INTRODUCTION TO YOUR HAIR

Close up view of the scalp

Close up view of the scalp

We form every one of our 5 million hair follicles by the 22nd week of fetal life. About 100,000 of these are on the scalp. This is the maximum number of hair follicles that will ever form in a lifetime because modern science does not currently know how to generate new hair follicles after birth.  Recent research gives hope that one day we might be able to generate new hair follicles, but for now 100,000 is the maximum number of scalp hairs.

 

The living portion of the hair follicle is below the surface of the scalp.  The hair above the surface of the scalp that we see everyday when we look in the mirror or look around at others is called the hair shaft and is not living.  The hair shaft is composed of three layers -  an inner medulla, and outer cortex and an outermost layer called the cuticle. The cuticle is a delicate layer and arranged like overlapping shingles on a roof.  Hair with an intact cuticle layer looks shiny and healthy. The purpose of hair conditioners is to protect this cuticle layer.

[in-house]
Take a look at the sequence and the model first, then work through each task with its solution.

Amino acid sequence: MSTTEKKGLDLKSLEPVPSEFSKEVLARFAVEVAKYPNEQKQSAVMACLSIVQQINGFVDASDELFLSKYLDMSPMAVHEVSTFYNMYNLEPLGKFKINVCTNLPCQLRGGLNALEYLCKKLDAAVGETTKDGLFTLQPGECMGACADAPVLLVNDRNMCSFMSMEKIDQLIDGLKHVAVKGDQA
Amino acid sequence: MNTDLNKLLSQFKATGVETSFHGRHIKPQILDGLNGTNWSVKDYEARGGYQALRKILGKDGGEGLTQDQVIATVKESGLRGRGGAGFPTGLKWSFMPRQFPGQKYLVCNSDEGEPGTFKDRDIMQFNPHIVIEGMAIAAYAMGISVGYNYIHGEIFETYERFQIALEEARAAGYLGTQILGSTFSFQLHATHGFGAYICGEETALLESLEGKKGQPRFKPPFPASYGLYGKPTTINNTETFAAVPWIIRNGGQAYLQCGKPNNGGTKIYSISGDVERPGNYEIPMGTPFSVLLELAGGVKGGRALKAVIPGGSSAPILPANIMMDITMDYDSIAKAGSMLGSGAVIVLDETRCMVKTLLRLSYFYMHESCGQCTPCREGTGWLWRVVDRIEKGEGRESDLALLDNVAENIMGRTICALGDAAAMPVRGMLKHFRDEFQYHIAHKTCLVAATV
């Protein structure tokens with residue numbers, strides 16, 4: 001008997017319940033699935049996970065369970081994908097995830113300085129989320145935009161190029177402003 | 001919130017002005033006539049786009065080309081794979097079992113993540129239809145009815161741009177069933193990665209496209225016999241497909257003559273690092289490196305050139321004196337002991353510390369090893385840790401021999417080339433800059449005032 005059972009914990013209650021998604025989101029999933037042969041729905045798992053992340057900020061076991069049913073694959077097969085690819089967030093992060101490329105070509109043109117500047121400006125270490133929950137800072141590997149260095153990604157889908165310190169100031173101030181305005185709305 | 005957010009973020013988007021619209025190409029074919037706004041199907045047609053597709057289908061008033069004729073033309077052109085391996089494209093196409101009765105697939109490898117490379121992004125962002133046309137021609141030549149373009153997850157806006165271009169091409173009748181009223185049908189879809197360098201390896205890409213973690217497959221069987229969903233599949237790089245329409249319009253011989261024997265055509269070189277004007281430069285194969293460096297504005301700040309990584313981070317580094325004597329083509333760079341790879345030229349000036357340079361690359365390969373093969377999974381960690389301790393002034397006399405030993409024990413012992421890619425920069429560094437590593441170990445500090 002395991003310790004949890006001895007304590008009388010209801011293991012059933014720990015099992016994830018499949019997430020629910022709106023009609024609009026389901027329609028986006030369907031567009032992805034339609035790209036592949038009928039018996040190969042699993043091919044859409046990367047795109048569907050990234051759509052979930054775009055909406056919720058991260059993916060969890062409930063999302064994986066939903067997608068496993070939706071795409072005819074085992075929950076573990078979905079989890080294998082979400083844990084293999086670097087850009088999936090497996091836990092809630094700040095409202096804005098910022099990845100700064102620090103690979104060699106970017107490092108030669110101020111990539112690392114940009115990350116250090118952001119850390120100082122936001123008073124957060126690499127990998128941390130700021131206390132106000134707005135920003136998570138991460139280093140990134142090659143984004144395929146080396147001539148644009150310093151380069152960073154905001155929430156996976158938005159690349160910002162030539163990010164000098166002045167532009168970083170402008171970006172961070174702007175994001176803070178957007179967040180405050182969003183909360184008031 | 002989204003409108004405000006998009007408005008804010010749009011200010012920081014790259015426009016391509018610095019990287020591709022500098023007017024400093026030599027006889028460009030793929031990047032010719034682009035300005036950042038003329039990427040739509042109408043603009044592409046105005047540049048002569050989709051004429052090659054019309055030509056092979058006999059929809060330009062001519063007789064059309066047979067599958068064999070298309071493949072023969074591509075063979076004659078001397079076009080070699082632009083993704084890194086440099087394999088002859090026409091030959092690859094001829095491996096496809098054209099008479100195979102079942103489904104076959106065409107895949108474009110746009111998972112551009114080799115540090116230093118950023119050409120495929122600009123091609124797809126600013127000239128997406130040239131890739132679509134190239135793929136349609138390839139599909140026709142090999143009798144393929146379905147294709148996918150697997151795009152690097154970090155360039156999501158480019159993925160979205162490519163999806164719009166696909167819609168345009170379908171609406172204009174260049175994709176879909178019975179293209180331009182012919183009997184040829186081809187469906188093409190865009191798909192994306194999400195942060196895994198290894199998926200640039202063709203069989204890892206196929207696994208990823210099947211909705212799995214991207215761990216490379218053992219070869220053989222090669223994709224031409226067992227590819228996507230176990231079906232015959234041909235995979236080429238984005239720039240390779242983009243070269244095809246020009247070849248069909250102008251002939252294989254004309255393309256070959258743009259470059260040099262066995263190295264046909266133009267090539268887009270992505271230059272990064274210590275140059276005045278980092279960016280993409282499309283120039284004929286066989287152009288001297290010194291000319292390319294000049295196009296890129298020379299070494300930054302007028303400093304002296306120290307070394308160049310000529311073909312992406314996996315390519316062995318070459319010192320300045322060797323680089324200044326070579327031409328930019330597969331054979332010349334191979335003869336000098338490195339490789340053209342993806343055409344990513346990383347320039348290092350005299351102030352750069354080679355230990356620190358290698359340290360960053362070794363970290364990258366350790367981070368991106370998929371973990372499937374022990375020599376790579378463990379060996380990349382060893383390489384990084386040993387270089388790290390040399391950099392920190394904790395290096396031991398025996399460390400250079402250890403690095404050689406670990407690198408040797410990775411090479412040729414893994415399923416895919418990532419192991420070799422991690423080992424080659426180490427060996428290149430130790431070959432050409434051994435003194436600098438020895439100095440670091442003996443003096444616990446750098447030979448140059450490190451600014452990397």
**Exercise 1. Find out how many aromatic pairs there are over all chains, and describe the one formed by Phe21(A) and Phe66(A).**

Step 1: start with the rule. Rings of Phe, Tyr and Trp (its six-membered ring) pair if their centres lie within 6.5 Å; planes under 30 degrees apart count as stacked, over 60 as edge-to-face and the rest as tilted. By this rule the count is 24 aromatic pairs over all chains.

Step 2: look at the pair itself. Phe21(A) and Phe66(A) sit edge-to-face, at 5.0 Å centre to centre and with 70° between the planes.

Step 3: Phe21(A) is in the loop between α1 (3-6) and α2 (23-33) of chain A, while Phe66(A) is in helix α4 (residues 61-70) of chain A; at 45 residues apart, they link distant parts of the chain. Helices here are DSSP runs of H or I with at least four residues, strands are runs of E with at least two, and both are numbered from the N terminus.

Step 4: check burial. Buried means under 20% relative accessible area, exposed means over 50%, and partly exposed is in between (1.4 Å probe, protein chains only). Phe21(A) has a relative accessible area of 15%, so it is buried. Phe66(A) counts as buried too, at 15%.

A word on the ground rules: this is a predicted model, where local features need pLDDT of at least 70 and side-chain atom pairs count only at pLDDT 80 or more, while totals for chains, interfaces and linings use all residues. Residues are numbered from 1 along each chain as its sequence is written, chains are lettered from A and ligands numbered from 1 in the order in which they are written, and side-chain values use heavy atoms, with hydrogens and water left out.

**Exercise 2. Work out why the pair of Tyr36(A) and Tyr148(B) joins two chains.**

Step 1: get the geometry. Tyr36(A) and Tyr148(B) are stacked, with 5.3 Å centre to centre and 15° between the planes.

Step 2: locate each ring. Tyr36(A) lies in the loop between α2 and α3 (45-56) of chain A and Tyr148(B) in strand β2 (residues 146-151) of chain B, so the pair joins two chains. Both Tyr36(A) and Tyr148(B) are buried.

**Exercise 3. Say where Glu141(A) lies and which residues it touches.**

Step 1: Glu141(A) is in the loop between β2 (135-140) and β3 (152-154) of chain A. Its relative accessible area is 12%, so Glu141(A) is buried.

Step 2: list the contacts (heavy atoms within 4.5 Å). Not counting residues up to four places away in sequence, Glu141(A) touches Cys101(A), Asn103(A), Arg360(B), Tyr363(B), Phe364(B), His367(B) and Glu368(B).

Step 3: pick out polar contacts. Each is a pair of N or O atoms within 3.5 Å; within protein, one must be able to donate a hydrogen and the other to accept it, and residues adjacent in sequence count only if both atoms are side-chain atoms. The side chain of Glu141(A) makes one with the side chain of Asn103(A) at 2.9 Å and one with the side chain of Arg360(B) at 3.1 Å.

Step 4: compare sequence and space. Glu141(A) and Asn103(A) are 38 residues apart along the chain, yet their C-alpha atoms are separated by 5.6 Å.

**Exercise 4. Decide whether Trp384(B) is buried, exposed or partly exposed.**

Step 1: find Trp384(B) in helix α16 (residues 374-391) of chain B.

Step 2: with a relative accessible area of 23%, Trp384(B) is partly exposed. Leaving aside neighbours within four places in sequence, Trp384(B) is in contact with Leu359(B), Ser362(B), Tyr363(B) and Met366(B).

Hair growth
Hair on the scalp grows approximately 1 cm per month. Hair growth occurs in three phases: anagen, catagen and telogen. 90 % of the hairs on the scalp are in anagen phase, less than 1 % are in catagen phase and approximately 10 % are in telogen phase. Every day about 50 to 100 hairs complete the telogen phase and are shed from the scalp. This constitutes the normal level of hair shedding. 

 

hair color.jpg

Hair color
Hair color occurs as a result of two main pigments: pheomelanin and eumelanin. Individuals with black or brown hair have greater amounts of eumelanin.  Pheomelanin is found in greater amounts in those with red and blonde hair. Brown and black are the most common hair colors. 2 % of the world has naturally blonde hair; less than 1 % have red hair. 

Greying of hair is extremely common. By age 40, about 60 % of North Americans will have some grey hair. The age at which an individuals develops grey hair is strongly influenced by genetics. Hair on the scalp turns grey before beard hair, body hair or eyebrow hair.  Grey hair may be due to an accumulation of hydrogen peroxide inside hair and intense research efforts are underway to block these effects.